Tree Talk

Tree pruning: A learned craft

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In 1997, I attended a class from a third-generation arborist, Tim Johnson. The topic of the lecture was “Pruning for the Life of the Tree.” I learned that proper pruning is an essential tree care practice we can undertake as tree stewards. You should prune a tree only when necessary. The tree will let you know if pruning is needed.

Some of the reasons for pruning are: to maintain good health, for safety reasons, to create good structure, to help increase fruit production, to keep a good size and for aesthetics.

One thing to keep in mind is the “right tree in the right place” when you are planting a tree. Keep in mind the mature size of the tree when you purchase it. The right placement will reduce some of the reasons for pruning.

There are many philosophies for the best time to prune. Pruning wounds the trees and reduces their leaves, which produce the trees’ sustenance.

The ideal times for pruning are when the trees are dormant, before budbreak and light pruning in the summer, which helps maintain tree structure. Dormant season starts around late November through March. Remember: Never prune a frozen tree.

Another thought on pruning is from Edward Gilman, an arborist who recommends pruning when a tree is in an active growth period, when the tree has the energy to respond to wound closure. In our area with vigorous growth, harmful pests, diseases and insects may be present.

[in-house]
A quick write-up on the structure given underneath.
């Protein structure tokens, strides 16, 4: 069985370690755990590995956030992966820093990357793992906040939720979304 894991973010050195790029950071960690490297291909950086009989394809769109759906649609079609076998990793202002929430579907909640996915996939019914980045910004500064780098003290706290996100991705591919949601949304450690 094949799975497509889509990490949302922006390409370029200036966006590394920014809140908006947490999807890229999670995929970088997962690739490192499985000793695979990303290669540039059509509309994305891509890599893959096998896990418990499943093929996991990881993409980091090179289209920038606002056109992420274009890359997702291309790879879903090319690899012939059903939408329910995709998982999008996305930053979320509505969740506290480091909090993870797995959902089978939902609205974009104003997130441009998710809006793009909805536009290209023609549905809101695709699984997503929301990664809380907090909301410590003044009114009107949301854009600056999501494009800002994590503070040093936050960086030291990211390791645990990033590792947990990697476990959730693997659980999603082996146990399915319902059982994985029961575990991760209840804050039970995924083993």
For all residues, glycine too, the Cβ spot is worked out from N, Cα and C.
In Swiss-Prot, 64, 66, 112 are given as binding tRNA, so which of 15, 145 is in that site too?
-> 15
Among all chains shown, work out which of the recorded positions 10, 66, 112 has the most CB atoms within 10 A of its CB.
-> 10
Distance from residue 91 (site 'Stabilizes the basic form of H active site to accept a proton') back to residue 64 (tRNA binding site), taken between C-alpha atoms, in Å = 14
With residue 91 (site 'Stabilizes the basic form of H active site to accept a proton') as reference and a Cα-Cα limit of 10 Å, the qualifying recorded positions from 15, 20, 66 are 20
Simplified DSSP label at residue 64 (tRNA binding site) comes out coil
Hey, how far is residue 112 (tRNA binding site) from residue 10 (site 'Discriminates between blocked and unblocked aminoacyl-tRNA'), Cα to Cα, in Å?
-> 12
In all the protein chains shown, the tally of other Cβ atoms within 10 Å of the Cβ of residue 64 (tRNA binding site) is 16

There are many types of pruning:

• Crown thinning – removal of branches that are so tight, light and air are restricted. One saying is, “If you cannot throw your hat through the tree,” it needs pruning.

• Crown cleaning – removal of branches that are dead, diseased and declining, rubbing or broken.

• Crown reduction – is the selective removal of live branches to decrease the height and spread of a tree’s crown. Crown reduction should be performed by a qualified arborist who understands drop-crotch pruning cuts (itreeservice.com/pdfs/topping_and_crown_reduction.pdf).

• Crown raising – removal of the lower branches of a tree.

• Structural pruning – pruning trees when they are young, usually after they have been planted in the ground for three growing seasons.

Before pruning a tree, you should walk around the entire tree. Look for dead, diseased and declining branches, as well as branches that are rubbing or broken.

There are some key factors to proper pruning to keep in mind:

• Begin at the top of the tree and work your way down.

• Never remove more than one-fourth of the tree’s crown in a growing season. A pile of the discarded branches helps me calibrate the one-fourth.

• For deciduous trees, do not prune up from the bottom more than one-third of the tree’s total height.

• Prune small branches; they should be one-third the diameter of the branch you are pruning. Example, if the branch is 6 inches in diameter, remove limbs 2 inches or smaller.

• Use sharp and clean tools. Clean tools before each tree you prune with alcohol or Lysol mixture (10 percent).

• Examples of proper pruning cuts available at hort.ifas.ufl.edu/woody/pruning-cuts.shtml  and at aces.nmsu.edu/pubs/_h/H156.

References: arborday.org/trees/tips/keys-to-pruning.cfm and treesaregood.com.

Jones is a certified arborist in Taos and a member of the Taos Tree Board.

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